Vancouver’s City Council has approved three recommendations to help prepare the city’s vulnerable areas for sea level rise by planning for and implementing coastal flood protection.

The recommendations focus on engagement, development, and design along thec coastline, ensuring sea level rise is considered in future and ongoing developments.

“Vancouver faces very real impacts with sea level rise and we must be prepared,” said Mayor Gregor Robertson. “Vancouver is focused on being among the most resilient, liveable, and green cities in the world which means taking bold action to reduce our environmental impact and adapt to climate change.”

The recommendations come from a report to council and also includes a summary of the most recent Coastal Flood Risk Assessment (CFRA) work, which has provided the city with a thorough understanding of local risks and vulnerabilities to sea level rise, and a high-level understanding of the potential options available to protect and adapt our coastline.

Information from the CFRA work informed the approved recommendations put forward by staff:

  1. Update city bylaws to ensure new developments are setback from the coastline to allow for future flood protection infrastructure.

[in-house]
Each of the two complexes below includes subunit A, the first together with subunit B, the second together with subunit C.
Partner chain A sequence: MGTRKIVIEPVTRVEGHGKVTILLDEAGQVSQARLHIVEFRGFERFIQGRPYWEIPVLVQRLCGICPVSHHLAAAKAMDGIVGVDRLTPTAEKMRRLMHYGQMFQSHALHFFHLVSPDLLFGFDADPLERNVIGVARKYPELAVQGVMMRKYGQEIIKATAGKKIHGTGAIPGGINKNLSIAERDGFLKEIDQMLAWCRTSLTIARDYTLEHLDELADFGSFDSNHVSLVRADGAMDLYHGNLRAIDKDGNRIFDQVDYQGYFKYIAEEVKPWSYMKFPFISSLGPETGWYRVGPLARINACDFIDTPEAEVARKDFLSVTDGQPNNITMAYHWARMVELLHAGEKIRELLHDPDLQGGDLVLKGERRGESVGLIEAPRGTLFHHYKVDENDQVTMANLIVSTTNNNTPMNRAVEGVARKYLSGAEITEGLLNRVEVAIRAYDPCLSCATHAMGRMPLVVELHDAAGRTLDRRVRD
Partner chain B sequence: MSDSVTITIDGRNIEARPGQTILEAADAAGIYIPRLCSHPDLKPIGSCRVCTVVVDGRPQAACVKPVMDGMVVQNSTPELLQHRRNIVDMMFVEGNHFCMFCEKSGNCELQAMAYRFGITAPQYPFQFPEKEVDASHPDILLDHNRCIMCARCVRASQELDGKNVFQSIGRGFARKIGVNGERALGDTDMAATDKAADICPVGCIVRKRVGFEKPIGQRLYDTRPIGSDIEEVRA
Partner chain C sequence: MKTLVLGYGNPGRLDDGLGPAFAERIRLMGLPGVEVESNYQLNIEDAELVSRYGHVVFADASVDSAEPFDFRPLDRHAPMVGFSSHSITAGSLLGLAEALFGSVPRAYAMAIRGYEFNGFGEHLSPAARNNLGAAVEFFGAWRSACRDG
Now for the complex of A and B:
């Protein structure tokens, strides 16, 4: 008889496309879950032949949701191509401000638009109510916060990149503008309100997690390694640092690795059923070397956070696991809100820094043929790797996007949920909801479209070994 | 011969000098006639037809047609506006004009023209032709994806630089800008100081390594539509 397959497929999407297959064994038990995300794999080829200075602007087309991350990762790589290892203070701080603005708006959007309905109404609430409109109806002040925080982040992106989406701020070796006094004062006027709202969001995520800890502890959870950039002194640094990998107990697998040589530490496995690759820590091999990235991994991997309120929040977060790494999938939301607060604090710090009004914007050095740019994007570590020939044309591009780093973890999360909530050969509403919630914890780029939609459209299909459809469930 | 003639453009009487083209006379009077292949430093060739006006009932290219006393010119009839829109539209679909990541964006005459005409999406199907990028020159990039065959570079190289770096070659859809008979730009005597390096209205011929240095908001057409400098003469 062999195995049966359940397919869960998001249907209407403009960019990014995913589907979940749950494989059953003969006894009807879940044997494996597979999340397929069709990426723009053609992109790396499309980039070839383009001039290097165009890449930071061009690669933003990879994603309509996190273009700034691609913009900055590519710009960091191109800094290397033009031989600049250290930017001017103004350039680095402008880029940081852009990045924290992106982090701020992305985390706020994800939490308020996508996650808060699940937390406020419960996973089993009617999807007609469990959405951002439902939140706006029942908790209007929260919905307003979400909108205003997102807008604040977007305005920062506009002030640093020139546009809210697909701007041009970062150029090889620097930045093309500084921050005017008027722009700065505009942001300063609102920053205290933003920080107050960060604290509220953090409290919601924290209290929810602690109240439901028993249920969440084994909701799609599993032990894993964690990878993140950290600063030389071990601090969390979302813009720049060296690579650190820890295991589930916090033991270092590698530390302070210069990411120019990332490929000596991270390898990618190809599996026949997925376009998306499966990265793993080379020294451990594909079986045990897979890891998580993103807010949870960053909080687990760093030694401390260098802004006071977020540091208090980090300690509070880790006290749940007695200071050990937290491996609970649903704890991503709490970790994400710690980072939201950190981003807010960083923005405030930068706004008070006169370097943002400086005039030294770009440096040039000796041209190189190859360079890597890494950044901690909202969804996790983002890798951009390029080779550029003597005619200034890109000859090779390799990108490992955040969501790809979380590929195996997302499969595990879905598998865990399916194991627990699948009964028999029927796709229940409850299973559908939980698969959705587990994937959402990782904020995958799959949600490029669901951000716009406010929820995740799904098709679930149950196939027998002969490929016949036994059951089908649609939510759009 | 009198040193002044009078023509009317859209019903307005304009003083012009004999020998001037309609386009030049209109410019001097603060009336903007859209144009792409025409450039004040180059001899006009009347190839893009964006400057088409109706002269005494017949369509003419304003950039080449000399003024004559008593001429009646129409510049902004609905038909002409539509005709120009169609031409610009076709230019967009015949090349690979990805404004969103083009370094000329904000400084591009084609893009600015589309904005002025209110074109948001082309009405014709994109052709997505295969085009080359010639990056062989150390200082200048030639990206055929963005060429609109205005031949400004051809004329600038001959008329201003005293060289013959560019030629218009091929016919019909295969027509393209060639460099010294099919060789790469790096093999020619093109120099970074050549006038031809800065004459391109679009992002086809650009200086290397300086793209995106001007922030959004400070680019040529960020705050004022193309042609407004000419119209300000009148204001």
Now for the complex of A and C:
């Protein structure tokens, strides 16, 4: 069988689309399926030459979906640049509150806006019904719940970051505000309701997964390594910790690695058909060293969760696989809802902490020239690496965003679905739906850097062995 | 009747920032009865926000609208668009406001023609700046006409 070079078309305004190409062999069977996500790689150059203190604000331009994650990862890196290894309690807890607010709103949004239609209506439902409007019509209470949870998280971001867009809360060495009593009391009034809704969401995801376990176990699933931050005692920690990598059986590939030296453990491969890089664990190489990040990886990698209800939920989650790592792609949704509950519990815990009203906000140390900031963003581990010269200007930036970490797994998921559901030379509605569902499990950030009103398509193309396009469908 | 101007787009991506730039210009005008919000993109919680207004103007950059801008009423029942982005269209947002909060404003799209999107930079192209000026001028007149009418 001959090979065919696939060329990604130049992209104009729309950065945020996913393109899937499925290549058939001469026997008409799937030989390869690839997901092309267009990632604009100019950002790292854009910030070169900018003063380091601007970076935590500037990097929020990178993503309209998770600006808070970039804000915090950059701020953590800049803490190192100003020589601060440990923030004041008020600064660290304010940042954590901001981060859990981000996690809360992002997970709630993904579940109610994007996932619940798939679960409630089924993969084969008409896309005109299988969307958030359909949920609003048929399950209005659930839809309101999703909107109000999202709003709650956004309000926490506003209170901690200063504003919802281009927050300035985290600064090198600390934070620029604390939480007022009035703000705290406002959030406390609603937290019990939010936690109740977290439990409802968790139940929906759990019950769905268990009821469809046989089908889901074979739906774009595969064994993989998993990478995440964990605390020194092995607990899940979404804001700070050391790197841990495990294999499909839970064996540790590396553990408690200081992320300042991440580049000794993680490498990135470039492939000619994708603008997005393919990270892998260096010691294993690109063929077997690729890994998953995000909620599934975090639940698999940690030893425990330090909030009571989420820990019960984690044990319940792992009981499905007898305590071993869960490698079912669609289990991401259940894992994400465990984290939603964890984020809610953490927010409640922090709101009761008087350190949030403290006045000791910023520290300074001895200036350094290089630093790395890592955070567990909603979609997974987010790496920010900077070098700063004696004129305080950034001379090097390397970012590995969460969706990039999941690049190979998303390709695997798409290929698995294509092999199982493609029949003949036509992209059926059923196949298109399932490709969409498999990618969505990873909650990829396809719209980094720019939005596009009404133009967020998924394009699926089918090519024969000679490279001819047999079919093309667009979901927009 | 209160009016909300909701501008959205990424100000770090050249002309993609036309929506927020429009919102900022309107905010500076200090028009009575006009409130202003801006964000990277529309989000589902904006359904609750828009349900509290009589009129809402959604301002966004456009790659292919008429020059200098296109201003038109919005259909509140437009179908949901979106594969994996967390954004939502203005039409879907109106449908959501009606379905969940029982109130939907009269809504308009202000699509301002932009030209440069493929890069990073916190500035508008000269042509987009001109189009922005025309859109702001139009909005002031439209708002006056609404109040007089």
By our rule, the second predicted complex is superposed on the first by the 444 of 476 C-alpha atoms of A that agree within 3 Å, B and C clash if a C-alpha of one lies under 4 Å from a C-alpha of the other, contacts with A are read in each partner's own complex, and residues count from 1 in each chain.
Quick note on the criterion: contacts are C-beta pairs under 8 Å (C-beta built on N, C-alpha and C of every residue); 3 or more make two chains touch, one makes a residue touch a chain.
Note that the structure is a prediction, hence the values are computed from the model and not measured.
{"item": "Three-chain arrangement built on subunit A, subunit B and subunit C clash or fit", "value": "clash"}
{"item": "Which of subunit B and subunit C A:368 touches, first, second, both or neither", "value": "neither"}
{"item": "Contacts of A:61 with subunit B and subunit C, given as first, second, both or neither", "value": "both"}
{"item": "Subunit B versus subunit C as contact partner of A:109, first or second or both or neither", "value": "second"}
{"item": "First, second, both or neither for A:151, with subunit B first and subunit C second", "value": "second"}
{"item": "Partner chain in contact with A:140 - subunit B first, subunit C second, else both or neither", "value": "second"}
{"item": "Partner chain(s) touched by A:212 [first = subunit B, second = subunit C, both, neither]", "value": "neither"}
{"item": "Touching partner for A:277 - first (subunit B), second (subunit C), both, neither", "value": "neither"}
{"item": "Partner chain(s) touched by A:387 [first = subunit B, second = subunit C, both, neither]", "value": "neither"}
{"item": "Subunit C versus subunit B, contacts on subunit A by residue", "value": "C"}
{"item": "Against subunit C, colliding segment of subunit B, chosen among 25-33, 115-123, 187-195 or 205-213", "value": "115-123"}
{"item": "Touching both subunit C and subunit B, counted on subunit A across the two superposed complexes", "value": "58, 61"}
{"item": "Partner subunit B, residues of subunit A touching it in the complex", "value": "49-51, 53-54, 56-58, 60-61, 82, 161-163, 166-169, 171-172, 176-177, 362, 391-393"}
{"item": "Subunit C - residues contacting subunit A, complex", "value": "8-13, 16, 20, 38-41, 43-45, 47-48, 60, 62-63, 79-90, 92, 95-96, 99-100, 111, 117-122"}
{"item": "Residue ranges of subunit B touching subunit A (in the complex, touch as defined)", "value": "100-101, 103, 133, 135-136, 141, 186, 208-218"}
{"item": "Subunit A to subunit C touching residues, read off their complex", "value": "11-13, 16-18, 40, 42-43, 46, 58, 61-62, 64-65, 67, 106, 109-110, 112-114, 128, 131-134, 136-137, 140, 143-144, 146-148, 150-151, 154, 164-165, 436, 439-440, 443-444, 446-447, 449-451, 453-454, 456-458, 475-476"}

2. Development of new procedures to guide the design of coastal flood protection infrastructure so that they meet future needs.
  3. Allocation of up to $500,000 from the city’s 2018 Innovation Fund toward a local sea level rise design challenge that will engage residents to determine the best solutions for each section of Vancouver’s coastline.

Currently, the city is basing its coastal adaptation plans on the provincial government’s sea level rise projections of half-a-meter by 2050 and a meter by 2100, meaning that 13-square-kilometers of Vancouver’s land could be impacted if no flood management interventions are taken.

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Between now and 2100, the City will work with residents and stakeholders to secure flexible and adaptive shoreline solutions for a range of ocean and river levels that enhance Vancouver’s resilience to flooding and deliver many benefits to the community such as recreation, culture, a thriving environment and economic opportunities.

As well, Vancouver City Council has approved $2.8 billion in capital investments to support the renewal of aging assets and investments in new public infrastructure. Investments in existing water infrastructure will receive $399 million, while investments in new water infrastructure will receive $59 million.

In the approval, the city made notable additions in water, wastewater, and drainage infrastructure upgrades in the Cambie Corridor and the rest of the city (funded through a new Utility Development Cost Levy). This funding is a part of the city’s 2019–2022 capital plan.

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